Always Be Pitching
Every single time you explain your startup to someone, you’re pitching it.
Or at least, you should be.
I was getting dinner a few nights ago with some other students. The group is a bunch of fledgling entrepreneurs at Bowdoin, much like myself, who meet every once in awhile to swap stories. I had been invited a few times, but this was the first night I was actually able to attend.
As I was preparing to head out, one of the guys mentioned he had an idea he wanted to run by me.
“Alright, let me hear the pitch,” I said, interested.
“Well, I haven’t worked on the pitch yet, but I can just tell you the basic–”
“That’s fine,” I cut him off, I was in a hurry. “Just let me hear what you have so far.”
Besides your product, your pitch is probably the single most important part of your business to work on when you’re first starting out.
You’re a startup – by definition, no one knows about you because you haven’t existed before. That means everyone from your friends and coworkers to mentors, investors, even your parents all need to be told what you’re doing. No one knows until you tell them.
But how you tell them is very important.
Get to the Point
If there’s one thing college makes people really good at, it’s verbose communication.
Almost every single writing assignment has some minimum page-length requirements. And so we, as clever young students, have learned to develop a style of communication that is very wordy. It makes life easier for us.
The side effect of this is that it teaches us to brain dump – we try to tell our audience as much as we know, or as much as we think they’ll care about. Once they’ve gotten every last detail about our concept, they’ll understand it. To be convincing, we’ve learned to always err on the side of providing more information to our audience, not less.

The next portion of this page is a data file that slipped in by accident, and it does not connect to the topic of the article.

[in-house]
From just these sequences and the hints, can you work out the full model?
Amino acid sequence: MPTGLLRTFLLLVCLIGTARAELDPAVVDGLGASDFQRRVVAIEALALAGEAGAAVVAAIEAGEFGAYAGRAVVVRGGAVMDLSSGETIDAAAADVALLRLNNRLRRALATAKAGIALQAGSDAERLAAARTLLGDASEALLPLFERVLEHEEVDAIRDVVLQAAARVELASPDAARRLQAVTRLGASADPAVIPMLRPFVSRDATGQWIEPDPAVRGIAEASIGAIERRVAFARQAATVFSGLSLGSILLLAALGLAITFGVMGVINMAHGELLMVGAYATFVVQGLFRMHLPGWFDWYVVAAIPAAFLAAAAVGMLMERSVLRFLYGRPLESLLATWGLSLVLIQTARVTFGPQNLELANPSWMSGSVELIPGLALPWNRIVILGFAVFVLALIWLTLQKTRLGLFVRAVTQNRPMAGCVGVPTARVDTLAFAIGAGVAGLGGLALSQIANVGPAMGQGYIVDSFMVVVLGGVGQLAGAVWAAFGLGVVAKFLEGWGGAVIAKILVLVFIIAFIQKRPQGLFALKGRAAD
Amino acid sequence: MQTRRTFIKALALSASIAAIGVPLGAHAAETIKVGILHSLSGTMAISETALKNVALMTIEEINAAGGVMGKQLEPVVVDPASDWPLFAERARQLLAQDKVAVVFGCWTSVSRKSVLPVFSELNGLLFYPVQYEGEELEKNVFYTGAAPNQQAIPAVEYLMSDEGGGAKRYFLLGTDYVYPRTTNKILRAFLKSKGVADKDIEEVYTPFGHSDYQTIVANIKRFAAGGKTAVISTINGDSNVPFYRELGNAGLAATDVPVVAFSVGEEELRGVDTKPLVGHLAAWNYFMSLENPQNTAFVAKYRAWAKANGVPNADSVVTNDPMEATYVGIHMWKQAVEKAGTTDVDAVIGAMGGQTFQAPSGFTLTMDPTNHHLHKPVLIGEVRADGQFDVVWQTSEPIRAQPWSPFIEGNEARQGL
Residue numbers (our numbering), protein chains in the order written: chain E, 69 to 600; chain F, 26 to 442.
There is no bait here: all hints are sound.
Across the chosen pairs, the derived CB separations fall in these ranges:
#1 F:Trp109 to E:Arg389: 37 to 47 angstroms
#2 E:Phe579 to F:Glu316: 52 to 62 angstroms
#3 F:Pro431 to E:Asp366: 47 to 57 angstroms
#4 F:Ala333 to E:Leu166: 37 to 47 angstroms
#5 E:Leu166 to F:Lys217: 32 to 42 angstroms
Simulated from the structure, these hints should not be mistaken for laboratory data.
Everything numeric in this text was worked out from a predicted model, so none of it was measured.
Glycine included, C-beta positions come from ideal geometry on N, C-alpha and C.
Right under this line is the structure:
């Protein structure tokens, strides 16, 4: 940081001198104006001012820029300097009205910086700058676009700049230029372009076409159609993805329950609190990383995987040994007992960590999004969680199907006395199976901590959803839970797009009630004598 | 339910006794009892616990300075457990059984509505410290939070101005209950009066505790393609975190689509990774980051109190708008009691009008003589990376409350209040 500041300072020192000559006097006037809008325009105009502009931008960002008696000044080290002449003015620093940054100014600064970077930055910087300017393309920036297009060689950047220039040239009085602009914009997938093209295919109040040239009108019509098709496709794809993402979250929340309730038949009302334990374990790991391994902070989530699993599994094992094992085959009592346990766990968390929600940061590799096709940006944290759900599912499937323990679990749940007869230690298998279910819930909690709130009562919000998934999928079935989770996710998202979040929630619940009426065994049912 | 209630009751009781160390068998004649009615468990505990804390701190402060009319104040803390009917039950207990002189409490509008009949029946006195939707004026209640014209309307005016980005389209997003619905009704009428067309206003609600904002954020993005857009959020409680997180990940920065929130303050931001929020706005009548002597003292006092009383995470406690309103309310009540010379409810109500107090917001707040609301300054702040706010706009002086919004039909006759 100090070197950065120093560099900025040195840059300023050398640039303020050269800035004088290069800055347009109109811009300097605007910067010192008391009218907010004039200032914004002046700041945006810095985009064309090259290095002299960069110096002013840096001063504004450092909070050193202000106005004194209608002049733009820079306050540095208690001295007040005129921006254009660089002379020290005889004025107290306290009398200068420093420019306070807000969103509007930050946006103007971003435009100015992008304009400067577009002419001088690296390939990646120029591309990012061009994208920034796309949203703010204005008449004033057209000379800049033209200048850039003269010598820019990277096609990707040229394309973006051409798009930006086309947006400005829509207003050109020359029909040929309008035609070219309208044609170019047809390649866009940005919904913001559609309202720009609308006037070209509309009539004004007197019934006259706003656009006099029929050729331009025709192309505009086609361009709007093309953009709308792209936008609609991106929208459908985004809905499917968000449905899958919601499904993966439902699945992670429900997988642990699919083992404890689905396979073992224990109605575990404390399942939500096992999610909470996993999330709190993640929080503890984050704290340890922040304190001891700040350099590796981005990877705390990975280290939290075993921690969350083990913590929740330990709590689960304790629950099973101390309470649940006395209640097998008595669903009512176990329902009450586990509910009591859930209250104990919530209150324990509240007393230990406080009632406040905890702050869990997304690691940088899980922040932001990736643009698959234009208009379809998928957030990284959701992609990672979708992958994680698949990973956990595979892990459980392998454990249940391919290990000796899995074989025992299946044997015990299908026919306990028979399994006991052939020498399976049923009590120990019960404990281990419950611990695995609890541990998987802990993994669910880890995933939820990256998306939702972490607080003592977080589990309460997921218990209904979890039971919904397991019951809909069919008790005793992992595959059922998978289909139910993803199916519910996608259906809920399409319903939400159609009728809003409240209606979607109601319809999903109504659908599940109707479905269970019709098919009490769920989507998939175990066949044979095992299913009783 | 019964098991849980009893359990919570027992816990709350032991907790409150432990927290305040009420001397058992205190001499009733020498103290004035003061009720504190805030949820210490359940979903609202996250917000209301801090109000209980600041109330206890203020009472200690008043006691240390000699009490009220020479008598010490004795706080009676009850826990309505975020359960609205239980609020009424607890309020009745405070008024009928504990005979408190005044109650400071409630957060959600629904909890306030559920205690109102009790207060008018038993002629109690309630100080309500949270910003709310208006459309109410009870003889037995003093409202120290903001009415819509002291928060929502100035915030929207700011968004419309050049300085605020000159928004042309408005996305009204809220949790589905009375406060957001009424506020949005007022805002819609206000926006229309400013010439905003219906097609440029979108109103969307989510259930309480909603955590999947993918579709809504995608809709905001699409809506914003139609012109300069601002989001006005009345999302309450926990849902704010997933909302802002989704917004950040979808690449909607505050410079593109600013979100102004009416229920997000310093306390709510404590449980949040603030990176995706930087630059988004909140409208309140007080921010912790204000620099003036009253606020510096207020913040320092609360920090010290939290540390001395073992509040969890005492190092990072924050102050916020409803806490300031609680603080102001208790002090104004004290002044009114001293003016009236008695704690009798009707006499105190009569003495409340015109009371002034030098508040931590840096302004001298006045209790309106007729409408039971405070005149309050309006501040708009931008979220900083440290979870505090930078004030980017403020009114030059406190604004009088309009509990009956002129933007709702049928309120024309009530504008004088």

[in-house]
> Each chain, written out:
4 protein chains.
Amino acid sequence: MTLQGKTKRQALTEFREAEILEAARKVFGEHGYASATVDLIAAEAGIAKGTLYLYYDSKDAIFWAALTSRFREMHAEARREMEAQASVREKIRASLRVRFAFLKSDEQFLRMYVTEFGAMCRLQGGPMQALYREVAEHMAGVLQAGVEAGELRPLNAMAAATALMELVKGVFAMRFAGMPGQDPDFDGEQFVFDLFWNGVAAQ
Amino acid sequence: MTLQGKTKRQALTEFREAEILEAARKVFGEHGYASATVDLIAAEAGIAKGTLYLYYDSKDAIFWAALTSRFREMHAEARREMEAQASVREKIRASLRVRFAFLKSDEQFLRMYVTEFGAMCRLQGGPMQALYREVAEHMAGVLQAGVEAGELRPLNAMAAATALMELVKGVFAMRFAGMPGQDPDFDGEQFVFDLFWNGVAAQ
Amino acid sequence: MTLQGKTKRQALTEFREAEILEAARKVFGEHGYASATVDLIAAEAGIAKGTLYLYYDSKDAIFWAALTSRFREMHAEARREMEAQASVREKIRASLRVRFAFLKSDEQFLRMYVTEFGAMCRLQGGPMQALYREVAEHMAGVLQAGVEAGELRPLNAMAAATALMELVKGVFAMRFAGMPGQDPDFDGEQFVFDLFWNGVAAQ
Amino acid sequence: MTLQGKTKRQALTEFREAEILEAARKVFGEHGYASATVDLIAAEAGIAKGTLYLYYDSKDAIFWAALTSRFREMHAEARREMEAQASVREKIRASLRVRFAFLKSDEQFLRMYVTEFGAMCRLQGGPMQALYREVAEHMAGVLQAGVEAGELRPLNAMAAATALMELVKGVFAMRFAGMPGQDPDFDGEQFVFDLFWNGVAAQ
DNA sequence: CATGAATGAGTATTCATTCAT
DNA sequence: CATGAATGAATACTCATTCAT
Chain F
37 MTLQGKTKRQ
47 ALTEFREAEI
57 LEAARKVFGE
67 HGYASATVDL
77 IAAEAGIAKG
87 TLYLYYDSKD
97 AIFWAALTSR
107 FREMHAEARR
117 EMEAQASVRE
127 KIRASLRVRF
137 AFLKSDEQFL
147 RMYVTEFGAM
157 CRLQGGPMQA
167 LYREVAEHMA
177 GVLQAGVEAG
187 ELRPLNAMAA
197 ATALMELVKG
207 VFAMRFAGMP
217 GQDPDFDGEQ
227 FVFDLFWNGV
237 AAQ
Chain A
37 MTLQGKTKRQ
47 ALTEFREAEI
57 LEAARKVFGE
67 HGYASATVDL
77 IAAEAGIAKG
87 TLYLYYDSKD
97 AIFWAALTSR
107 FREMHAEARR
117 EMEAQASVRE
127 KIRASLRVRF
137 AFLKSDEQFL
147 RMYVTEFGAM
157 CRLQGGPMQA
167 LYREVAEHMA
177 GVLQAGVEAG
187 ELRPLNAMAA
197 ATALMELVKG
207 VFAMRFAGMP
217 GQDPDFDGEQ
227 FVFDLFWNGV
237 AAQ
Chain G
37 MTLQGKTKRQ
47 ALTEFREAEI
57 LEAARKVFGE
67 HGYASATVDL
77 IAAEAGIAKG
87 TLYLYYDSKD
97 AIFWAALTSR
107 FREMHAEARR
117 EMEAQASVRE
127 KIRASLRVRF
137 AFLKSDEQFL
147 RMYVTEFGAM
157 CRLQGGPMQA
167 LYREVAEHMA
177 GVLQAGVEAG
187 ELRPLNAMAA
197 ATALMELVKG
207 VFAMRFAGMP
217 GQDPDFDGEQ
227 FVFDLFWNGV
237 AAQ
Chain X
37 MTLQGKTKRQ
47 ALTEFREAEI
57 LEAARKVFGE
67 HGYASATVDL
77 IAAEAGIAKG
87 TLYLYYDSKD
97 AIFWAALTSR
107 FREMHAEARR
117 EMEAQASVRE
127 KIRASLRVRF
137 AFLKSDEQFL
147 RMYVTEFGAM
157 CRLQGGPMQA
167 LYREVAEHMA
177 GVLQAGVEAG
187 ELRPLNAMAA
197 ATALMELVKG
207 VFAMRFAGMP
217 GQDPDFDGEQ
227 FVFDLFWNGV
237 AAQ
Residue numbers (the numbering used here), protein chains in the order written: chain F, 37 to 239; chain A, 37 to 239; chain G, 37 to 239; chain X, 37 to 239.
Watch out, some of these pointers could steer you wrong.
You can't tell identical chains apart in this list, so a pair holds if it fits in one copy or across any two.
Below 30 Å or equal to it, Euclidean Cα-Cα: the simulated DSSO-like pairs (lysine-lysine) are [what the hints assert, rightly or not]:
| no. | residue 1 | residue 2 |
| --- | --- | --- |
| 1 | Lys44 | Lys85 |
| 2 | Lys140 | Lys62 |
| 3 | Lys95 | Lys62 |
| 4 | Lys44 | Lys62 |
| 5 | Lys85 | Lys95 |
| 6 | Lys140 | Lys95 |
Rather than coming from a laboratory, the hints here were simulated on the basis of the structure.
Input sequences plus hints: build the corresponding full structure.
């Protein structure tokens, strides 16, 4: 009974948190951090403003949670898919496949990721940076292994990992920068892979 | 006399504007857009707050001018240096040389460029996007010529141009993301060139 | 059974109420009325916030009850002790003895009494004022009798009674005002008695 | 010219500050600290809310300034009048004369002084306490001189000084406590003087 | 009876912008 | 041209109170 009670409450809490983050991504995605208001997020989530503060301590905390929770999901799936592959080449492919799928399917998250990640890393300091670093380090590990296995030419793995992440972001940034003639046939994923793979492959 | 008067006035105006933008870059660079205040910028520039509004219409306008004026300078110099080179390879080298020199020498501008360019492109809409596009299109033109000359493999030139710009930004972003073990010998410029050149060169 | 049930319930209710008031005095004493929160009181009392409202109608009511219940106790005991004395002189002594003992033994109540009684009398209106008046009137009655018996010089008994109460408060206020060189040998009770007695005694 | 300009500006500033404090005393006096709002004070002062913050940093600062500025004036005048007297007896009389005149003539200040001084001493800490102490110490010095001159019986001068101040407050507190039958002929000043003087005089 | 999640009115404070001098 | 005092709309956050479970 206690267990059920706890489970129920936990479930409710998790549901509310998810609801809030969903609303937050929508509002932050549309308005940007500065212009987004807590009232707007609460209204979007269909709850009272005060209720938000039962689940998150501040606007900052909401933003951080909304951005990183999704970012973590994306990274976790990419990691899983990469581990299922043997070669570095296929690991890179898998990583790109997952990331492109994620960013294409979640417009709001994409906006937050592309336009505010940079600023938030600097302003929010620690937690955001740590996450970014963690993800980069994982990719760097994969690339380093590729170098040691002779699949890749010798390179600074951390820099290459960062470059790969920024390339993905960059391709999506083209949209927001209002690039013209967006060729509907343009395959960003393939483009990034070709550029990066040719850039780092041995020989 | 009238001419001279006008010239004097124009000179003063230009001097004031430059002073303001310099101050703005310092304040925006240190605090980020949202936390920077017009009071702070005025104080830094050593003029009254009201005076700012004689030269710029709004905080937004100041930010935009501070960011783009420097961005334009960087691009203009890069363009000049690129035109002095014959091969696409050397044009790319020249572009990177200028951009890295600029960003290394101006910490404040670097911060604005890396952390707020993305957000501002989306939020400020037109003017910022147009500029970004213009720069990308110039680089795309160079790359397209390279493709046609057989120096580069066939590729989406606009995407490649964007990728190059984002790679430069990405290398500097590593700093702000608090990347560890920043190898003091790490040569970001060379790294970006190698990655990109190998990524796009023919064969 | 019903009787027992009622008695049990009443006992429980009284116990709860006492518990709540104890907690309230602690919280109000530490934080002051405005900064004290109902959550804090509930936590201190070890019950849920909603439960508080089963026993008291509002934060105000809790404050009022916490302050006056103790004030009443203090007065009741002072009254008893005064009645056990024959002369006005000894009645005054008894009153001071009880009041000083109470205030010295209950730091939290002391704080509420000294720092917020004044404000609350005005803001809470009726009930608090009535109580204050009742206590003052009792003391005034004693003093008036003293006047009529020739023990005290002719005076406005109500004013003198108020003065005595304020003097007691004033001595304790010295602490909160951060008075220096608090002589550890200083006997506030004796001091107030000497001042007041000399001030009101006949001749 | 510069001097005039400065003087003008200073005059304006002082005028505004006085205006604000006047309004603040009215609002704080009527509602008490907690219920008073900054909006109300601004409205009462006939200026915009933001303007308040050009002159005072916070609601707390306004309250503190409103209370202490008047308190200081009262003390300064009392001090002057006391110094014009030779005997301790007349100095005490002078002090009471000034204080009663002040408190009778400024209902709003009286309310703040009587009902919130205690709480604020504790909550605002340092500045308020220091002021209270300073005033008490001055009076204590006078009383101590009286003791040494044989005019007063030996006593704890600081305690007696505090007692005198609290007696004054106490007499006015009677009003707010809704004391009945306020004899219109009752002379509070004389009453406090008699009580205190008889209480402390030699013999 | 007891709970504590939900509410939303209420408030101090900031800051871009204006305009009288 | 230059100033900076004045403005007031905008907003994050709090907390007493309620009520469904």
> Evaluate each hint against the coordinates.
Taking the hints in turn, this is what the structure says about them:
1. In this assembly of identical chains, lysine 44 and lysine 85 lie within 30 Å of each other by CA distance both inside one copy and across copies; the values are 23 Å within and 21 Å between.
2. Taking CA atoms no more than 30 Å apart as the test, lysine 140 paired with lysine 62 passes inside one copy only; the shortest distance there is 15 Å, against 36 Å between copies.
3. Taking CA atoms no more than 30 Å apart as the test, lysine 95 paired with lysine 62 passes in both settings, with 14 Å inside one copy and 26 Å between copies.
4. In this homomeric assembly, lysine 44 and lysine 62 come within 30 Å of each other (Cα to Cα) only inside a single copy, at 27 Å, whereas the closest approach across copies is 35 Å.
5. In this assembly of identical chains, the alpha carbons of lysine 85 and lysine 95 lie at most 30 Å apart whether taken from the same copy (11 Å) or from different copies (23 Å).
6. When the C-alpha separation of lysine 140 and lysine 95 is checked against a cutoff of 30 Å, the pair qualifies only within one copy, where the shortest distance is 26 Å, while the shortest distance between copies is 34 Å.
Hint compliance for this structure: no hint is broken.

I bring this up here because it’s the exact opposite of the type of persuasion you need to give an effective pitch.
When you’re pitching an idea – as opposed to just talking about – you’re supposed to explain the value of your concept clearly and succinctly. That’s why lots of pitches involve analogies, they’re easy for the audience to understand quickly.
In the situation above, the student spent several minutes explaining how the idea had come to him and what work he had done so far and some problems he had run into. Eventually, he reached the point where he explained his vision for the product and what he was hoping it would become.
The concept was intriguing, but at that point in the conversation I had all but lost interest and I really wanted to leave so I could start my homework. Get to the point.
After a group presentation during my economics seminar, I remember our professor uncharacteristically breaking the academic tone of the discussion to impart some lessons in presentation skills.
The group presenting had done well researching their topic and collecting data, she said, but they weren’t presenting their concept well to the class.
Essentially, they had a great idea, but it was plagued by a bad pitch. The rest of the class wasn’t getting excited about all of the excellent work the group had done since the group hadn’t piqued the class’s attention. Their project wasn’t being as well received as it should have been, since the audience had never been properly engaged.
In much the same way, you need to pitch your idea every single time you introduce it to someone, or else you’re selling it short.
Don’t assume that if you just explain everything, the person will get it and understand why it’s valuable. Certainly don’t start the conversation by focusing on the problems you’ve run into.
A good pitch requires a bit of showmanship. What will be appealing to your audience? What will they find interesting or exciting about your idea? People lose interest in things very quickly, but if you pitch well, you’ll have people hanging on your every word, eager to know more.